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Medvedev Prepared to Lower Taxes to Save Russian Vodka

Published: April 28, 2014 (Issue # 1807)



  • Vodka has indeed become more expensive, but the measures have had an unintended side effect.
    Photo: Vedomosti

As the rising price of vodka drives Russian consumers toward illegal products and Kazakh imports to quench their thirst, the government may halt further tax hikes that were intended to combat endemic alcoholism.

Prime Minister Dmitry Medvedev has ordered the Finance Ministry to explore the issue of freezing or even lowering the excise tax on spirits with an alcohol content of over 9 percent, Interfax reported.

"This decision would require tax losses; it would be very painful for us," Deputy Finance Minister Sergei Shatalov told RBC, adding that the pace of tax increases could be slowed all the same.

The national alcohol excise task rose 33 percent in 2013, the largest increase in modern Russian history, and a further 25 percent this year, pushing the lowest retail price for a half-liter bottle of vodka up to about 250 rubles ($7). The minimum legal resale price also climbed to 199 rubles ($5.50) in 2014 from 125 rubles ($3.50) in 2012.

Under the existing tax plan, the excise duty should rise a further 20 percent in 2015 and 10 percent in 2016. By 2017 the increase will slow to 4.5 percent, or about the level of inflation.

Making alcohol less affordable was an explicit element of the Russian government's plan to lower citizens' alcohol consumption, according to a convention signed by President Vladimir Putin in 2010.

At that time the government pledged to cut Russians' alcohol intake by 15 percent by 2012 and 55 percent by 2020 while "liquidating" the market of illegal alcohol.

Vodka has indeed become more expensive, but the measures have had an unintended side effect.

"By my estimate, more than a third of consumers are unable to buy vodka at this price. This means that they are generating a demand for illegal products," Dmitry Dobrov, chairman of the Union of Alcohol Producers, told RBC.

Illegal vodka accounted for 55 percent of the entire vodka market in 2013, Igor Kosarev, vice president of distiller Russky Standart, told Kommersant.

Just as illegal vodka is pouring into the market, so are imports from Kazakhstan, where alcohol is significantly cheaper on account of lower excise duties, Dobrov said.

Kazakhstan doubled its excise tax this year, but the current rate of 38.8 rubles per half-liter bottle ($1.08) is still three times lower than Russia's tax.

In 2012, the Finance Ministries of Russia, Kazakhstan and Belarus — the three countries of the Russia-led Customs Union — agreed to synchronize their excise taxes on alcohol and cigarettes, Shatalov said.

"Unfortunately, these agreements were not put down in any documents. We did not manage to sign an intergovernmental agreement, and Kazakhstan has taken a rather tough stance," he said.

Total legal vodka production in Russia fell 12 percent in 2013, according to the Federal State Statistics Service, and is still plummeting. From January to March this year, legal Russian enterprises produced 10.8 million decaliters of vodka, 17 percent less than in the same period last year.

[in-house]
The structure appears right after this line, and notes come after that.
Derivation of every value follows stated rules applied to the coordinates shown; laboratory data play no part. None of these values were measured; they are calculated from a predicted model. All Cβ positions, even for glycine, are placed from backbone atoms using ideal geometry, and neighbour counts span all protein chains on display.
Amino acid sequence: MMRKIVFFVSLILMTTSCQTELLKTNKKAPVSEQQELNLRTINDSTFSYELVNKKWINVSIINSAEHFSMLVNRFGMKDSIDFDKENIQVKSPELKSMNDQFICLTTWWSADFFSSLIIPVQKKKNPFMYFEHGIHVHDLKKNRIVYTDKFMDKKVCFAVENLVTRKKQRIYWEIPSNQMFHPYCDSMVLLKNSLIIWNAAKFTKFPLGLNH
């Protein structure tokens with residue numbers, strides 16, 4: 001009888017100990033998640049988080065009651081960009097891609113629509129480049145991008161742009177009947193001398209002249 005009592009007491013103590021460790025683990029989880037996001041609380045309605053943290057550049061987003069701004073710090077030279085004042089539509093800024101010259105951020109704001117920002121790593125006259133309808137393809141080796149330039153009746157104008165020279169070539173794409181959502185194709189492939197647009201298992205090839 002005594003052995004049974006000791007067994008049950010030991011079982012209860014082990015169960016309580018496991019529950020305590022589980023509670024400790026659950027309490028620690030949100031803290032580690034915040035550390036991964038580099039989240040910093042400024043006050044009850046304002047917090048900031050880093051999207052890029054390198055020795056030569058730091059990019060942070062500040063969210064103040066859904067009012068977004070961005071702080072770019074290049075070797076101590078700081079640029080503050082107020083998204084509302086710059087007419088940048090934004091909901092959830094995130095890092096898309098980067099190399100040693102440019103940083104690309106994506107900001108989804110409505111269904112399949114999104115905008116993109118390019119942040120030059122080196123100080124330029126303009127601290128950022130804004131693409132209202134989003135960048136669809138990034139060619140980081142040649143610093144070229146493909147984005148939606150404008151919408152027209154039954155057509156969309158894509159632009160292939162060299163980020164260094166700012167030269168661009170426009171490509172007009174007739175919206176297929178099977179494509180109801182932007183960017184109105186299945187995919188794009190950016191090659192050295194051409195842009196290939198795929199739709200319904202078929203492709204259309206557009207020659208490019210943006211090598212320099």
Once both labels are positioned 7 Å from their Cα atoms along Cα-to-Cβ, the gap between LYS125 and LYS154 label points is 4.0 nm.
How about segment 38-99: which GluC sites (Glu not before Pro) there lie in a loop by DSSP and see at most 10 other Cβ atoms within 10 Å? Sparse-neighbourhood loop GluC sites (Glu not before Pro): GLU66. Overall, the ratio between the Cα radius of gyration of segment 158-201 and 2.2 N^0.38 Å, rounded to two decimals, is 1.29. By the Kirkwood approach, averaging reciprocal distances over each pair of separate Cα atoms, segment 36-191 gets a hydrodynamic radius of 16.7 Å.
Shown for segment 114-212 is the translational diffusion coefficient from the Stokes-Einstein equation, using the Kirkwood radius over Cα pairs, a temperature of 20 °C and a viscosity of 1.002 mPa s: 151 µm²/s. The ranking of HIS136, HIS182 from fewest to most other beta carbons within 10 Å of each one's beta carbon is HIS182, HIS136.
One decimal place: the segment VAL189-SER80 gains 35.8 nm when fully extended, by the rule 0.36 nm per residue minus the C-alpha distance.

ALL ABOUT TOWN

Thursday, Jan. 29



Attend a master class on how to deal with complicated business negotiations today at the International Banking Institute, 6 Malaya Sadovaya Ulitsa. Running from 3 to 6 p.m., Vadim Sokolov, an assistant professor at the St. Petersburg State University of Economics, will introduce aspects of managing the negotiation process and increasing its effectiveness. Attendance is free with pre-registration by telephone on 909 3056 or online at www.ibispb.ru



Celebrate what would be writer Anton Chekhov's 155th birthday at the Bokvoed bookshop at 46 Nevsky Prospekt. Starting at 5 p.m., the legendary author will be feted with readings of his stories and short performances based on his plays by various St. Petersburg actors. Chekhov's books will also be offered at a 15% discount during the event.



Friday, Jan. 30



The Lermontov Central Library, 19 Liteyny Prospekt, will screen 'Almost Famous’ in English with Russian subtitles at 6:30 p.m. Cameron Crowe's Academy Award-winning comedy from 2000 stars Billy Crudup, Kate Hudson, and Patrick Fugit, and tells the story of a budding music journalist at Rolling Stone magazine in the 1970s. Admission is free.



Meet renowned Russian poet, journalist and writer Dmitry Bykov, famous for his biographies of Boris Pasternak, Bulat Okudzhava and Maxim Gorky, and winner of 2006 National Bestseller Award. Bykov will read old and new poems as well as answer questions about his works at the St. Petersburg Philharmonic, Main Hall, at 7 p.m. Tickets start at 1,000 rubles and are available at city ticket offices and the from the Philharmonic website www.philharmonia.spb.ru.



A retrospective of the films of Roman Polanski starts today at Loft-Project Etagi, 74 Ligovsky Prospekt, with a screening of ‘Repulsion’ at 7 p.m. and ‘Rosemary’s Baby’ at 9:15 p.m. The series runs through Feb. 4 and will include Polanski's eminently creepy ‘The Tenant,’ the cult comedy ‘The Fearless Vampire Killers’ and ‘Cul-de-sac’ among others. Tickets are 150-200 rubles and the complete schedule is available at www.vk.com/artpokaz/



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